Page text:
[Taxacom] Monkey Community greatly relieved

Stephen Gaimari SGaimari at cdfa.ca.gov
Wed Jan 13 15:16:28 CST 2010


Oops - looks like I hit reply instead of reply all (so only Stephen got
my message). In any case, thanks for replying and sticking it back into
the taxacom loop.

My post had said:
Although I would think this is obvious to many here, I guess it needs to
be stated. The difference is that science is testable, falsifiable,
quantifiable, etc., while religion is none of those. Science is not a
closed loop at all - it is wide open.

And just to reply to your (Stephen's) post, you said:
>> it is only any of those things relative to assumptions which must be
held by something akin to "faith"

You are correct, if by "faith" you mean "faith that something is
actually testable" or that there is an assumption that something is
actually testable. And I disagree that this is akin to faith at all.
Things don't need "scientific language" or a scientific mindset to be
testable. We are testing all the time, whether we are scientists or
history teachers. Religion however, has no room for testing, because if
testing appears to falsify some idea it is rejected.

Cheers,
Steve

Dr. Stephen D. Gaimari
Program Supervisor (Entomology)
 
Plant Pest Diagnostics Center
California Department of Food and Agriculture
3294 Meadowview Road
Sacramento, CA 95832, USA
 
Tel. 916-262-1131, Fax 916-262-1190
E-mail sgaimari at cdfa.ca.gov
http://www.cdfa.ca.gov/phpps/ppd/staff/sgaimari.html

-----Original Message-----
From: Stephen Thorpe [mailto:s.thorpe at auckland.ac.nz] 
Sent: Wednesday, January 13, 2010 12:53 PM
To: Stephen Gaimari
Cc: TAXACOM at mailman.nhm.ku.edu
Subject: RE: [Taxacom] Monkey Community greatly relieved

>science is testable, falsifiable, quantifiable, etc.
it is only any of those things relative to assumptions which must be
held by something akin to "faith"
at any rate, the closed loop I refer to has nothing to do with
testability - if we assume testability for the sake of argument, the
point is that only scientific questions in scientific language can be
tested
I'm not arguing for religion by any means, but I hate to see any
blinkered people, be it by religion or science ...

S
________________________________________
From: Stephen Gaimari [SGaimari at cdfa.ca.gov]
Sent: Thursday, 14 January 2010 9:40 a.m.
To: Stephen Thorpe
Subject: RE: [Taxacom] Monkey Community greatly relieved

Although I would think this is obvious to many here, I guess it needs to
be stated. The difference is that science is testable, falsifiable,
quantifiable, etc., while religion is none of those. Science is not a
closed loop at all - it is wide open.
Cheers,
Steve

Dr. Stephen D. Gaimari
Program Supervisor (Entomology)

Plant Pest Diagnostics Center
California Department of Food and Agriculture
3294 Meadowview Road
Sacramento, CA 95832, USA

Tel. 916-262-1131, Fax 916-262-1190
E-mail sgaimari at cdfa.ca.gov
http://www.cdfa.ca.gov/phpps/ppd/staff/sgaimari.html

-----Original Message-----
From: taxacom-bounces at mailman.nhm.ku.edu
[mailto:taxacom-bounces at mailman.nhm.ku.edu] On Behalf Of Stephen Thorpe
Sent: Wednesday, January 13, 2010 12:30 PM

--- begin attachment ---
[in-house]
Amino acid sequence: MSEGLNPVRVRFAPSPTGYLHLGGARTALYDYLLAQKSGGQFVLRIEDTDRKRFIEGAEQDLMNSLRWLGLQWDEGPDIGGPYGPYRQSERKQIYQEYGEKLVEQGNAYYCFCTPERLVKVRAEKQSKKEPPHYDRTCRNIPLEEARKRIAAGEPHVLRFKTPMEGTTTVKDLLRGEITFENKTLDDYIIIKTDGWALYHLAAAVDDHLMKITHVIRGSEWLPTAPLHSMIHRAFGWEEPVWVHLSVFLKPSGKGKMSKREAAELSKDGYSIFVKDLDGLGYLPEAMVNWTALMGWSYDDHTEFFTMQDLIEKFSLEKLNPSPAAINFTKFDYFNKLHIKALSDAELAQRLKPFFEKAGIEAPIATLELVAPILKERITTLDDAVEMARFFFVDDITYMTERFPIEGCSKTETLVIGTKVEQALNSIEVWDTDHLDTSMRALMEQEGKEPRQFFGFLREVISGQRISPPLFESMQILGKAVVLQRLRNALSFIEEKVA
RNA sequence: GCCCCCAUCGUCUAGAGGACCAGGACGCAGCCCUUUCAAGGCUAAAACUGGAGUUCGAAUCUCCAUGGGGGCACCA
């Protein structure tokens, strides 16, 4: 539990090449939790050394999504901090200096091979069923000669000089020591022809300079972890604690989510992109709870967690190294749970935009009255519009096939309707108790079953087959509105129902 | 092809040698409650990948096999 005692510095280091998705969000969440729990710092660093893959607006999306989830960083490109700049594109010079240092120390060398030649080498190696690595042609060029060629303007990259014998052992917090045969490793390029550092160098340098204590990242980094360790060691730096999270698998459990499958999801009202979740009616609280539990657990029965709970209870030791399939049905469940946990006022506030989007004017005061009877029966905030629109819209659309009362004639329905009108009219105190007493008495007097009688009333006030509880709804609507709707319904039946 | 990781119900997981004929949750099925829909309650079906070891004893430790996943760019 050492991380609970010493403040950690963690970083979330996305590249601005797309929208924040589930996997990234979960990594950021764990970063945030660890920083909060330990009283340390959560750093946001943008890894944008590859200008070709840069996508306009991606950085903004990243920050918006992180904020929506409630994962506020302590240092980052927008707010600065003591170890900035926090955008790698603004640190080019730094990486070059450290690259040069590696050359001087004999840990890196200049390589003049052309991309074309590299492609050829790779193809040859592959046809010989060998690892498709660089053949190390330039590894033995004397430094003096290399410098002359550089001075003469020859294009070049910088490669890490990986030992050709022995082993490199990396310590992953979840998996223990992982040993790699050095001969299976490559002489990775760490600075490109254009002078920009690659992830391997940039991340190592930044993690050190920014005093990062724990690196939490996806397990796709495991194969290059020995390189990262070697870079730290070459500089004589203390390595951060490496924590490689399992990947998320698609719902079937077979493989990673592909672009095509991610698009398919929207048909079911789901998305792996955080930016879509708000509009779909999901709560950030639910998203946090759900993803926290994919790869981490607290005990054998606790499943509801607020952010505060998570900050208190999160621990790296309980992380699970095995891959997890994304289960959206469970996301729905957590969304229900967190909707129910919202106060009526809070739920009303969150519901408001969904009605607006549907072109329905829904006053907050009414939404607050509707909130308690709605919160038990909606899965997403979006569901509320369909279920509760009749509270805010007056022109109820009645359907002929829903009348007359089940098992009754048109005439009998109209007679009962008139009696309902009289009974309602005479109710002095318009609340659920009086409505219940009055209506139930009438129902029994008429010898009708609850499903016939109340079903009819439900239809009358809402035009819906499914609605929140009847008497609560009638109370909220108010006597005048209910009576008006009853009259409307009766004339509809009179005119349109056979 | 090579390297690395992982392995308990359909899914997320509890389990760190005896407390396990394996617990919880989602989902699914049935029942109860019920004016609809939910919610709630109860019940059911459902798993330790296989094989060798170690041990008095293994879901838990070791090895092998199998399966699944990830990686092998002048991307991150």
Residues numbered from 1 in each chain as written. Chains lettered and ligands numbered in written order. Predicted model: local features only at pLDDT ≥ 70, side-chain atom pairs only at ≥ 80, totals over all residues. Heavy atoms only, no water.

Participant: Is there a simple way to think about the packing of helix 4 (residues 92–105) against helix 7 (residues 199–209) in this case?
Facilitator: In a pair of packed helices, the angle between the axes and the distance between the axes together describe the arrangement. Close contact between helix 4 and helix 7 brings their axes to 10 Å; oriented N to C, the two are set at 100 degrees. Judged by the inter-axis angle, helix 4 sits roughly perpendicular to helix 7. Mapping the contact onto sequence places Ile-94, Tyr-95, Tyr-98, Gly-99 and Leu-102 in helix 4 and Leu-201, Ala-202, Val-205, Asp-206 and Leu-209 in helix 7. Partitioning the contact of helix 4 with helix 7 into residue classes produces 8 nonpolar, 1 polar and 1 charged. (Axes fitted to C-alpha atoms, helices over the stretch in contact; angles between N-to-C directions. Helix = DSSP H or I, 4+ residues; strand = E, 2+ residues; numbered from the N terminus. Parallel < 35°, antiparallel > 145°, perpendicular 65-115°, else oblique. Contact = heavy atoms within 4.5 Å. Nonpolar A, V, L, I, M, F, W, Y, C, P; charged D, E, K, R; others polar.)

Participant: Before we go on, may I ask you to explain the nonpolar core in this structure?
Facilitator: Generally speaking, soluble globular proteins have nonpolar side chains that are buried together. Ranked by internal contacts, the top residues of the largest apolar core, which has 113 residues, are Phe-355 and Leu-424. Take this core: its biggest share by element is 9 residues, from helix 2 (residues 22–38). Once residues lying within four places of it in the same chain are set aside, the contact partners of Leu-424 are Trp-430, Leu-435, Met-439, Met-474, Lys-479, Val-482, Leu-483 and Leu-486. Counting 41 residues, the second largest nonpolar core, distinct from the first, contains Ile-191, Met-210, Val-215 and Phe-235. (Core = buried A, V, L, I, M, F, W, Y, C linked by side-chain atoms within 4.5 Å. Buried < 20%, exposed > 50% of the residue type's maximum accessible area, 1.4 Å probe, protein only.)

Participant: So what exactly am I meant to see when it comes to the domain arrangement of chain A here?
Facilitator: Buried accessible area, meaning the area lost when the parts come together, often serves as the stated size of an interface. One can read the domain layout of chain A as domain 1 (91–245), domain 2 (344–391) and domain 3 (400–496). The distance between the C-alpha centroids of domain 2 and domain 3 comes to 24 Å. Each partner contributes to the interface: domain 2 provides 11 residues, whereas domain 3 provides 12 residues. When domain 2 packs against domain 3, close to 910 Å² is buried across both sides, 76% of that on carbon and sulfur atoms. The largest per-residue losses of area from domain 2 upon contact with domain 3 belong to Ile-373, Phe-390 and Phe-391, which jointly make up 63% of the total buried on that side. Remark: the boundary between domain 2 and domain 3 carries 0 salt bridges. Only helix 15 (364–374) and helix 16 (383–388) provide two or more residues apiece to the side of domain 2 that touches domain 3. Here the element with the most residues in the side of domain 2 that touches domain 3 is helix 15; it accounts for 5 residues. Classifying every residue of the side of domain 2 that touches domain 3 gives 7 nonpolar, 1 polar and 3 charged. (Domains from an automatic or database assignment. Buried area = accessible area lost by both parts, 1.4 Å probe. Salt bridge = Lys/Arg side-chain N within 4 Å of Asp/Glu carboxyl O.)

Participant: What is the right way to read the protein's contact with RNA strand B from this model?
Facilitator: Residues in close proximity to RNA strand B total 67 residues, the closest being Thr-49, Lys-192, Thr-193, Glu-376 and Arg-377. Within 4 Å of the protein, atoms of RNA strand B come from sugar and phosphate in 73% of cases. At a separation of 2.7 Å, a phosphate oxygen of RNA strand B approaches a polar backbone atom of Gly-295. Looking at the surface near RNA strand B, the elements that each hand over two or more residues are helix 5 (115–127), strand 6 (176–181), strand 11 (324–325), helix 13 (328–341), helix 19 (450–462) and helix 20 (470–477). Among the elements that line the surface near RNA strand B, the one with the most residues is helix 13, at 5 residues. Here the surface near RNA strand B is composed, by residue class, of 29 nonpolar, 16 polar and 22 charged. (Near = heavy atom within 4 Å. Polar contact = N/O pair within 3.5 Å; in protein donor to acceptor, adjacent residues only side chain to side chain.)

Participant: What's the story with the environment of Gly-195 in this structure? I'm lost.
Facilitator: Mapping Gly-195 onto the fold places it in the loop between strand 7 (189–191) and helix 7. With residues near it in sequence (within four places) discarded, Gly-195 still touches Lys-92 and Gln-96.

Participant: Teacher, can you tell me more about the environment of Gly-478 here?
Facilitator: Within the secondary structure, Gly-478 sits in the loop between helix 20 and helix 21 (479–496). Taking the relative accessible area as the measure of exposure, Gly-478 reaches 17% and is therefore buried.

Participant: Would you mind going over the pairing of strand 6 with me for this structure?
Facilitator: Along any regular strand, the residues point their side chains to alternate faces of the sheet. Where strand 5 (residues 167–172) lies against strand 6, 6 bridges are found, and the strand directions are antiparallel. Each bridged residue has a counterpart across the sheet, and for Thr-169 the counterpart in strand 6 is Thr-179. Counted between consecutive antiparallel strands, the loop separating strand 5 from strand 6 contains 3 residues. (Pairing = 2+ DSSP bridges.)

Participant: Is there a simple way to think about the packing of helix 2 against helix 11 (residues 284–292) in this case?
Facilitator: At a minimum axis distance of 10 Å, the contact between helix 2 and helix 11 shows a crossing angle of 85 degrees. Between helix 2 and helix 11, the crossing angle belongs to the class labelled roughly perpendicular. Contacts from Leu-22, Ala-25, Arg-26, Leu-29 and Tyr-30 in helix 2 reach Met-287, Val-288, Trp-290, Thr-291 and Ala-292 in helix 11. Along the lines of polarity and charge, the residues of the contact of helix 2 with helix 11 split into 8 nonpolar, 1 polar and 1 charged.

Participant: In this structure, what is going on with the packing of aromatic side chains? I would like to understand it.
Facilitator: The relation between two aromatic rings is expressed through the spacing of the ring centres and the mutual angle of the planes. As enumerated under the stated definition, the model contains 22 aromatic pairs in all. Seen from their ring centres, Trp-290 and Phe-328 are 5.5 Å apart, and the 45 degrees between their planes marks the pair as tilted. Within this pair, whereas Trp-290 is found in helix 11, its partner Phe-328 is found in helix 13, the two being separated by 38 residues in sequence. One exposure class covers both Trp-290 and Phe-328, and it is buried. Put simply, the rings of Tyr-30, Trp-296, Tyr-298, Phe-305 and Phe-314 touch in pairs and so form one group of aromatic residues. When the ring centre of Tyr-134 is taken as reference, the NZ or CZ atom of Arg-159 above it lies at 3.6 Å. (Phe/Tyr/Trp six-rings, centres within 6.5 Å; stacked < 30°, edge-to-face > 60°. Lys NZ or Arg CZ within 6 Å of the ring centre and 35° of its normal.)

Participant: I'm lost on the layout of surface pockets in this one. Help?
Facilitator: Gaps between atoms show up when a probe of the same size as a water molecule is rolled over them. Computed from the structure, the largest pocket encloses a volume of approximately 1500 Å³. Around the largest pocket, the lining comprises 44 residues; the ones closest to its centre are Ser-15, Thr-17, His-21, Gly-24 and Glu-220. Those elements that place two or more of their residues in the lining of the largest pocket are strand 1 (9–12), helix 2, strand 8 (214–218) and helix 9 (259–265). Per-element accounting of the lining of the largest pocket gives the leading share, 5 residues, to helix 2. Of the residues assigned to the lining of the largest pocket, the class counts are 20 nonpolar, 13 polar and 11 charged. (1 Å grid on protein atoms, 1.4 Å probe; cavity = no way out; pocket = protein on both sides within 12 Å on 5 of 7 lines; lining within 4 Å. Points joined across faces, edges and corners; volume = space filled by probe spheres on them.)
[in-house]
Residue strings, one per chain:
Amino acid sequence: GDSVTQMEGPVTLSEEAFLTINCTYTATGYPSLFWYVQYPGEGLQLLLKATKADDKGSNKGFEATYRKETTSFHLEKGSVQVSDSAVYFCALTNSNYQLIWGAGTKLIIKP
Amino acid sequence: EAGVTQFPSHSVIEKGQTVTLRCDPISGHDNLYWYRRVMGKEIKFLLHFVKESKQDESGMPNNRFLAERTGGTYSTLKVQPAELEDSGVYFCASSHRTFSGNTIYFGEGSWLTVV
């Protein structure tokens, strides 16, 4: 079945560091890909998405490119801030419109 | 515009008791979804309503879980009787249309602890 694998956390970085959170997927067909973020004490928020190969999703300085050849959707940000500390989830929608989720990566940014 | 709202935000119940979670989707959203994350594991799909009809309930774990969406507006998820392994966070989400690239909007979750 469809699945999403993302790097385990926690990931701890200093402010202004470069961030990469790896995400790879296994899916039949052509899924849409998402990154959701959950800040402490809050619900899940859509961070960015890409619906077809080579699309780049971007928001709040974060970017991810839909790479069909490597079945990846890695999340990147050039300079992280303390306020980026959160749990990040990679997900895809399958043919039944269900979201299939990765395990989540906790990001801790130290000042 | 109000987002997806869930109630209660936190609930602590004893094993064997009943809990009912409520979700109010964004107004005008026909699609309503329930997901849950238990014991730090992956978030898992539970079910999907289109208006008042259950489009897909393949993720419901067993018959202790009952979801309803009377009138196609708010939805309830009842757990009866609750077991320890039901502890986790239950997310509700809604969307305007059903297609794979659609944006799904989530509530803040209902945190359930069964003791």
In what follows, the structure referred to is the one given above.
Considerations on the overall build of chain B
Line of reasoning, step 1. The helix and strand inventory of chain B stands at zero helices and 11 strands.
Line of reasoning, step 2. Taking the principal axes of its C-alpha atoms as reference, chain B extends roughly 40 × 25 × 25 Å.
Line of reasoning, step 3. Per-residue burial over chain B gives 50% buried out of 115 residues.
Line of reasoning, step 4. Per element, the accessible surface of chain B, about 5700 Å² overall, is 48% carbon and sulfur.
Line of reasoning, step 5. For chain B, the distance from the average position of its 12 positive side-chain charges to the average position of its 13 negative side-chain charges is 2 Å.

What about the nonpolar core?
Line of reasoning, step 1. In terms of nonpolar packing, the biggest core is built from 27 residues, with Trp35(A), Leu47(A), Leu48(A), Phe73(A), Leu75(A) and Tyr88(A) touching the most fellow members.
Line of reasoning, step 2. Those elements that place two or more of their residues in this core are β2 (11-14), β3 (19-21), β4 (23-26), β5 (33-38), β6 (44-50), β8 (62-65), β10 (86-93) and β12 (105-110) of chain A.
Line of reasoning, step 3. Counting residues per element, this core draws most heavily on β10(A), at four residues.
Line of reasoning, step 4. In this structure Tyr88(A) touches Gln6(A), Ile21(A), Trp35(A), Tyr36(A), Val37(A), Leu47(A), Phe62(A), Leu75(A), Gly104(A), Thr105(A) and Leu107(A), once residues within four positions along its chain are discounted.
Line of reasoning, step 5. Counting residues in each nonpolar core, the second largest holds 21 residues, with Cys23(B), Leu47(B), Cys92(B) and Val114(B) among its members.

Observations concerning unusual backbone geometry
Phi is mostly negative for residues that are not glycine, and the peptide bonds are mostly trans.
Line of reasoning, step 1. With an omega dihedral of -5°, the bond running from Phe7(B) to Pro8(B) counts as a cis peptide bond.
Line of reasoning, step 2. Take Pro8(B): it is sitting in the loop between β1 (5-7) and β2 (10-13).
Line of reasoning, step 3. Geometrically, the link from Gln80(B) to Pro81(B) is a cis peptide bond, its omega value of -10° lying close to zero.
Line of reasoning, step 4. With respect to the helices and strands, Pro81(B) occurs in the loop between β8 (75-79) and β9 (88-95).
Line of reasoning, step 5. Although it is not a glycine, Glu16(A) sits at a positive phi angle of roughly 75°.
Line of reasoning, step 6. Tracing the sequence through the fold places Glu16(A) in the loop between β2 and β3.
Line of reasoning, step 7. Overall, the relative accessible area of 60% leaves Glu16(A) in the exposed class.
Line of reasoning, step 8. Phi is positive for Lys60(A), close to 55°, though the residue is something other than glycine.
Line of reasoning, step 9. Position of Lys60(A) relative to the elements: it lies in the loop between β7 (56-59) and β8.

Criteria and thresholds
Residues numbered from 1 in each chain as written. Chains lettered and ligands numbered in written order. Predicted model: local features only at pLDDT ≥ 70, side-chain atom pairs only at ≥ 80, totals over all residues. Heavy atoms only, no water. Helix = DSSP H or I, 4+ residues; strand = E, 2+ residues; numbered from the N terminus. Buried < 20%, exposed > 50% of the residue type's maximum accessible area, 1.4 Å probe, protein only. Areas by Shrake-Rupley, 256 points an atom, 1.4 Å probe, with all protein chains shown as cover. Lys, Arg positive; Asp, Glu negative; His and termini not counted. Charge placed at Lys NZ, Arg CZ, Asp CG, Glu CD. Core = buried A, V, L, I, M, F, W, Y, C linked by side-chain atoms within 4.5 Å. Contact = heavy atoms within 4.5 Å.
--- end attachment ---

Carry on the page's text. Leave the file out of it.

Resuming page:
To: Thomas G. Lammers; TAXACOM at MAILMAN.NHM.KU.EDU
Subject: Re: [Taxacom] Monkey Community greatly relieved

Funny though, you seem just as uncompromisingly convinced in your
beliefs as they are in theirs! Science is a way of looking at the world:
ask scientific questions, use scientific methods, get scientific answers
in scientific language ... closed loop! Perhaps religion is similar, so
religious and scientific people are talking past each other in different
languages (a kind of Tower of Babel situation!) I have misgivings about
anybody (scientist or religious) who thinks that they couldn't possibly
be wrong in their beliefs ...

________________________________________
From: taxacom-bounces at mailman.nhm.ku.edu
[taxacom-bounces at mailman.nhm.ku.edu] On Behalf Of Thomas G. Lammers
[lammers at uwosh.edu]
Sent: Thursday, 14 January 2010 9:19 a.m.
To: TAXACOM at MAILMAN.NHM.KU.EDU
Subject: Re: [Taxacom] Monkey Community greatly relieved

>It fell on deaf ears when she tried to explain the difference
>between "a common ancestor" and "monkey ancestors".

Irrelevant to folks of that mindset.  The mere suggestion that our
species
arose by natural processes rather than divine fiat is anathema.  You
have
committed heresy by suggesting that our kinship is with ANY sort of
beast
rather than with the angels.

You may be saying, "The evidence suggests that our human species
diverged
from a common ancestor with chimps and gorillas or orangutans ..."  but
what they HEAR is, "The beliefs you have cherished since childhood are
stupid.  What mother and Reverend Lovejoy and Mrs. Magillicuddy in
Sunday
School told you was a lie.  The Bible is a lie.  You're stupid to have
believed such tripe for so long."

Viewed that way, their rancor is understandable.  That's why efforts
such
as the Clergy Letter Project
(http://www.butler.edu/clergyproject/rel_evol_sun.htm) are so important.


Thomas G. Lammers, Ph.D.

Associate Professor
Curator of the Neil A. Harriman Herbarium (OSH)
Department of Biology and Microbiology
800 Algoma Blvd.
University of Wisconsin Oshkosh
Oshkosh, Wisconsin 54901-8640 USA

e-mail:       lammers at uwosh.edu
phone:      920-424-1002
fax:           920-424-1101

Plant systematics; classification, nomenclature, evolution, and
biogeography of the Campanulaceae s. lat.

Webpages:
http://www.uwosh.edu/biology/storage-for-faculty-web-pages/tom-lammers-p
h.d
http://www.ratemyprofessors.com/ShowRatings.jsp?tid=297234
http://www.kewbooks.com/asps/ShowDetails.asp?id=615
http://www.mbgpress.info/index.php?task=id&id=90602
-----------------------------------------------------------
"Today's mighty oak is yesterday's nut that stood his ground."
                                                               --
Anonymous
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